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Amy Molinero’s Trip to Israel: Day 2

I could not sleep last night—I was too pumped up about what I was going to do today!

Shalom! What a day. When my alarm went off at 7 a.m. I could barely move. I had jet lag. Well not really jet lag, more like jet power. I could not sleep last night—too pumped up about what I was going to do today, I think.

We set out from Tel Aviv making our way on the Via Maris (coast road) to the walled city of Caesarea, on the beautiful Mediterranean Sea. Founded by King Herod and named for Augustus Caesar, it is one of Israel’s major architectural sights.  


(Ruins at Caesarea)

In 22 BC, Herod began to build an amazing and elaborate city complete with a palace—built right into the sea. Thousands of years ago, the palace was built on reclaimed land! There was a theatre where entertainment and cultural events were viewed, an amphitheater which was really a hippodrome, where horse and chariot races were held and gladiator activities were watched by as many as 15,000. 


(Seating at hippodrome)

Caesarea is an important sight for Christians for it is here that Paul set sail for his journeys in the Mediterranean and here that he was held for two years before he was taken to trial in Rome. Pontius Pilate stayed in the palace, too.


(The altar at the opening of the ancient grotto believed to be the home of Mary at the Basilica of the Assumption in Nazareth)

A short drive away and we were in Megiddo, the site of biblical Armageddon. It was here that many decisive battles were fought. I looked around and I said to myself: I can’t believe I am standing in the place where the Messiah is supposed to return at the end of the world. Wow! Really heady stuff!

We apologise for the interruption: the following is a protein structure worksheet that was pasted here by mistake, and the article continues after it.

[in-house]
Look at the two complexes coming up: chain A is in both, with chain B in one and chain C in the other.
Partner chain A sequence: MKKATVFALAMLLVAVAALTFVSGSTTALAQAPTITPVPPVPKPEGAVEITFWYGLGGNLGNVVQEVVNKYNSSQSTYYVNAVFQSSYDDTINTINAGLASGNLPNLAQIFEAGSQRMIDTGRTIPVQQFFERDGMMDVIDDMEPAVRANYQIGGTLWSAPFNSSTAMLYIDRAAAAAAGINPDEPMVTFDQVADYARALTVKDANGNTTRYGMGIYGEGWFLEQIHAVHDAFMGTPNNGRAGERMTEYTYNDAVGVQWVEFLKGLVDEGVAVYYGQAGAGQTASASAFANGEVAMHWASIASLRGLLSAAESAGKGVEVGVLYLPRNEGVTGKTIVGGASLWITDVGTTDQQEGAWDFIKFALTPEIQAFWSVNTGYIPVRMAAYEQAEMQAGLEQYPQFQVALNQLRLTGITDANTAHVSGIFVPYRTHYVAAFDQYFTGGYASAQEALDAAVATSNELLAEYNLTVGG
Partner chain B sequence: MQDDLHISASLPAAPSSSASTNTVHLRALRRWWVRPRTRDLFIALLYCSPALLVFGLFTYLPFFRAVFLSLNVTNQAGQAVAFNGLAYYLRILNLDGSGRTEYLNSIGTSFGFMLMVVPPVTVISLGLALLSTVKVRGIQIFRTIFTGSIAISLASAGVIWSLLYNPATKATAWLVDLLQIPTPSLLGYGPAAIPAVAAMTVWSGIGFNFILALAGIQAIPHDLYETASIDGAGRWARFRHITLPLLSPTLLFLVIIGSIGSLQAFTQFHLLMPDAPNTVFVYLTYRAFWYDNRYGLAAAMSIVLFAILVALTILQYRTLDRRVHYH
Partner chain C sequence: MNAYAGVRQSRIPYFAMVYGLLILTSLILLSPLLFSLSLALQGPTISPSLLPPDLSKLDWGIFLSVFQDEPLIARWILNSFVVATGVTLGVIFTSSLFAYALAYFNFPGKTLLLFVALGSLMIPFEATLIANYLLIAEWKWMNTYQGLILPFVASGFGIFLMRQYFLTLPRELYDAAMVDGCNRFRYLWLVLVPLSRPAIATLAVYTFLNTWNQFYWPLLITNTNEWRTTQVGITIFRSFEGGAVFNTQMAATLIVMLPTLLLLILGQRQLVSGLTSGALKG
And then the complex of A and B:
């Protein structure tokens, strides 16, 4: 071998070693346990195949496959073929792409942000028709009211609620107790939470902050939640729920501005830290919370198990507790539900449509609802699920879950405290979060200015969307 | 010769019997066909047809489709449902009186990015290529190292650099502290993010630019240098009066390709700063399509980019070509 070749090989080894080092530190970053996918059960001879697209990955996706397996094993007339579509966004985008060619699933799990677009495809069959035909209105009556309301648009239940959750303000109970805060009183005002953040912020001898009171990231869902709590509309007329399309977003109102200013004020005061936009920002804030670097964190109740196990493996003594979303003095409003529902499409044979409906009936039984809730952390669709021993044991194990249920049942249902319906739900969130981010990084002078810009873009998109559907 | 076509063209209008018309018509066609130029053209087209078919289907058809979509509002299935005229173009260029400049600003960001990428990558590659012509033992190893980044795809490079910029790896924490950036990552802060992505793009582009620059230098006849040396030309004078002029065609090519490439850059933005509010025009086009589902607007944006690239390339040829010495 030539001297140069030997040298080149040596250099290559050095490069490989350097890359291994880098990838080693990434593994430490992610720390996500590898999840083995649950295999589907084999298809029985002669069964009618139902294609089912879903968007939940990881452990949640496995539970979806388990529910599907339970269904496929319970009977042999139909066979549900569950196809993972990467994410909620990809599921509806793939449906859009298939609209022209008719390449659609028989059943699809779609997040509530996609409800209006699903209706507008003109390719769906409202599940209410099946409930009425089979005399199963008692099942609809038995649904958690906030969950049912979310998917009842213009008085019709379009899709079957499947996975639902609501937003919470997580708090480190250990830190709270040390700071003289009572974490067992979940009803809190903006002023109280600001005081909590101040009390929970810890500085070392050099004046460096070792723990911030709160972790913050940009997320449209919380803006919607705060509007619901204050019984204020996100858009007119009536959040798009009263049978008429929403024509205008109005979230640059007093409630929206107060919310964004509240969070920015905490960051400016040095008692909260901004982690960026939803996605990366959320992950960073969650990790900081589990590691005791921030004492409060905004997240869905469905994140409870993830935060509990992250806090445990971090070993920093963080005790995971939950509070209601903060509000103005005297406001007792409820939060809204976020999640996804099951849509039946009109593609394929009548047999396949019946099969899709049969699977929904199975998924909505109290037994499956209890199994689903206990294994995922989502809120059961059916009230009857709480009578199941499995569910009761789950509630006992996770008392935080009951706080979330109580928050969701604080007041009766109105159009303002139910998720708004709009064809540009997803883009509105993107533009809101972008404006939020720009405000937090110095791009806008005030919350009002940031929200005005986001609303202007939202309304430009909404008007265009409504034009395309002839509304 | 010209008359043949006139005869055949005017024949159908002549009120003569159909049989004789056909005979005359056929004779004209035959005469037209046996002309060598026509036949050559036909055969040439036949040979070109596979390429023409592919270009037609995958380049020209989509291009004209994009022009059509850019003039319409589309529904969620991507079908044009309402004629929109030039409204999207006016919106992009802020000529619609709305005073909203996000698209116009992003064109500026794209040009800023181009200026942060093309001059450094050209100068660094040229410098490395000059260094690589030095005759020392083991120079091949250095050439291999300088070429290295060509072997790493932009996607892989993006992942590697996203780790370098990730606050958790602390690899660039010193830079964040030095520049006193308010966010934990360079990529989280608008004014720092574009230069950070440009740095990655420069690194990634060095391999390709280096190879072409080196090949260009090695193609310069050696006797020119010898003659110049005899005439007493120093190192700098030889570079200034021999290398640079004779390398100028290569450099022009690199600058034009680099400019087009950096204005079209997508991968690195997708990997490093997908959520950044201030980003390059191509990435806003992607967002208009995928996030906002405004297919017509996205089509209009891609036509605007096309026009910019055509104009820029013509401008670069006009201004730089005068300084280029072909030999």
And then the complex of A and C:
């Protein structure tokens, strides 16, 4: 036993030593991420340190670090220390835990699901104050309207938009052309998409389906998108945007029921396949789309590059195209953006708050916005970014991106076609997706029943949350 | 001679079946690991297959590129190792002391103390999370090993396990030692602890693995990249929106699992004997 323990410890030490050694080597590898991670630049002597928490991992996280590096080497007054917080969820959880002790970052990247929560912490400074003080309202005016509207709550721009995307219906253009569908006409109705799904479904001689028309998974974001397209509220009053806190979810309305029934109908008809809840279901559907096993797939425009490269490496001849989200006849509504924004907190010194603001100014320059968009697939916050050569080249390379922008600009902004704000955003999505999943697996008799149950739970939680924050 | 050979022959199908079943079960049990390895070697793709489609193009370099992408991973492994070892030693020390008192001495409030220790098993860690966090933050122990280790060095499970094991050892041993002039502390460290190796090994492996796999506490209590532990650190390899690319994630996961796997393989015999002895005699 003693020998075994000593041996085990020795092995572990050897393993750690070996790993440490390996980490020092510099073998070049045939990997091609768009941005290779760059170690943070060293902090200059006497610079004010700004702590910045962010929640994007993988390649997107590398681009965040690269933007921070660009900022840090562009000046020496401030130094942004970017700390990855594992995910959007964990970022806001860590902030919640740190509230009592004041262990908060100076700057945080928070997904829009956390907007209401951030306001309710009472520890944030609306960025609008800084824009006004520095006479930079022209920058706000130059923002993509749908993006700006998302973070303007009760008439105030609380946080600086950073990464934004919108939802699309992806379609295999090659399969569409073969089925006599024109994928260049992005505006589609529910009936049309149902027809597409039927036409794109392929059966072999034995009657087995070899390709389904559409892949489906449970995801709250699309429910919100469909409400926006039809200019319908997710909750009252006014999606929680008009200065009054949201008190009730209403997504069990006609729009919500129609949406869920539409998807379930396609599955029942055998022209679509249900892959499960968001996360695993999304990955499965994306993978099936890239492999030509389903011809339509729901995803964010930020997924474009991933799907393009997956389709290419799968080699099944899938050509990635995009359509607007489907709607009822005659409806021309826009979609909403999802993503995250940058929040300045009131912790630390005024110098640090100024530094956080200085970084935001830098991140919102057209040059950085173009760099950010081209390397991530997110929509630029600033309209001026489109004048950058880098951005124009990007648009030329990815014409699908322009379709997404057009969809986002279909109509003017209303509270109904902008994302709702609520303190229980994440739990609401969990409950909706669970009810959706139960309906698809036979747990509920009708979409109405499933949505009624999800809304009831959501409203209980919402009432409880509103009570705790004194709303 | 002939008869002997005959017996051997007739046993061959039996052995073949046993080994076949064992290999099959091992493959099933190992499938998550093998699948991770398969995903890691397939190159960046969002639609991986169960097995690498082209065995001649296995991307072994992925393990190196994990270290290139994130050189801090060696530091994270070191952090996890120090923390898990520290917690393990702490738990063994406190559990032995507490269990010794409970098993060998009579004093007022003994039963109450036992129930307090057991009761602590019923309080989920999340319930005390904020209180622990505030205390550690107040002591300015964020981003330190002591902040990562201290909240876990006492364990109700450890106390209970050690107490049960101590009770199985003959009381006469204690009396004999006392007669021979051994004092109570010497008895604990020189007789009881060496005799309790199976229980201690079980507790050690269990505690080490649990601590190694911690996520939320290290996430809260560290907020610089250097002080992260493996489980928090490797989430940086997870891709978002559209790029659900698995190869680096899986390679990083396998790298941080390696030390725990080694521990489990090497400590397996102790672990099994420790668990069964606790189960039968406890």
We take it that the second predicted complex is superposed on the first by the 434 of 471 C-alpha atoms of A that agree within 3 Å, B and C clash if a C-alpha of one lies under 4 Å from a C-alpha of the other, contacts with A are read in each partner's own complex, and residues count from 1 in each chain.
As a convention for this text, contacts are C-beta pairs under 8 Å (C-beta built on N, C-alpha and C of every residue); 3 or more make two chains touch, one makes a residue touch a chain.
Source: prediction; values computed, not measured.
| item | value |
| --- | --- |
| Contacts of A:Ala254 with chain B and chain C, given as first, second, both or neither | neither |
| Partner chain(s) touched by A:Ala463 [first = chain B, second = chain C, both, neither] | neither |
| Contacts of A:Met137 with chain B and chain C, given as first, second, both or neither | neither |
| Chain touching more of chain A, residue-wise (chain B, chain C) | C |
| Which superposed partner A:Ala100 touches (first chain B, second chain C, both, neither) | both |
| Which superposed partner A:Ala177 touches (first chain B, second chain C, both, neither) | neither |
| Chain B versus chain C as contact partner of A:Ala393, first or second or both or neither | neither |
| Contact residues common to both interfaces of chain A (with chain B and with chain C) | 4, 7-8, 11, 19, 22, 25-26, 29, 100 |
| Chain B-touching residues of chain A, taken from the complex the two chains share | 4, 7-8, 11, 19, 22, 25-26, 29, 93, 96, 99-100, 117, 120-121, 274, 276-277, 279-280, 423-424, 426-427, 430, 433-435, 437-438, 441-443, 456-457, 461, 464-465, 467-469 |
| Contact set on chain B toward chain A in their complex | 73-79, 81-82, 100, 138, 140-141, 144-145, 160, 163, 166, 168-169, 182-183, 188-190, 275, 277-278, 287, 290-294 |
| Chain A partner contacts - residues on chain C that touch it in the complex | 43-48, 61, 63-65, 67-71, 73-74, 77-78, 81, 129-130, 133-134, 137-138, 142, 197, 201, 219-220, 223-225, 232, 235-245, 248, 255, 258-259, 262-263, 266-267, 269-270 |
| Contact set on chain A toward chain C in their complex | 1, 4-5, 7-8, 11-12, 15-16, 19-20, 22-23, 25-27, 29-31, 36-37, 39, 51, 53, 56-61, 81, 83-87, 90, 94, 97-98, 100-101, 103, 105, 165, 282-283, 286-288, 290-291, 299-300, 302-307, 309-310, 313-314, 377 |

(Kibbutz with new construction right behind Megiddo)

I stood in the middle of ruins of a round altar believed to have been built over 5,000 years ago. Our guide, Tsion (pronounced Tee on) told us that the ongoing excavation has shown that 26 different civilizations lived here!


(Our guide, Tsion Ben David leading us into the ruins at Megiddo)

Later today we wound our way to Nazareth, where Jesus spent his childhood. Today it is home mainly to Arabs who are Israeli citizens. It’s also the home of the largest church in the Middle East—the Basilica of the Annunciation, a beautiful church with stunning stained glass windows. Many different Catholic communities from all over the world have donated mosaics which hang in the church and the surrounding courtyard.

The Basilica houses a small cave dwelling or grotto, believed to be the home of Mary. It is here that the Angel Gabriel came to Mary and told her that she would bear a son and call him Jesus (the Annunciation).

Today is also the third day of Hanukkah, a great time to be in Israel. Holiday prayers are said before dinner each night and a candle is lit on the menorah. But it is a sad time in Israel—for there is a raging fire in the North that has killed over 40 people. We were supposed to visit Mt. Carmel today but the entire area is closed. Smoke can be seen for miles. My thoughts and prayers go out to the friends and families of those who lost their lives yesterday.

Shalom.

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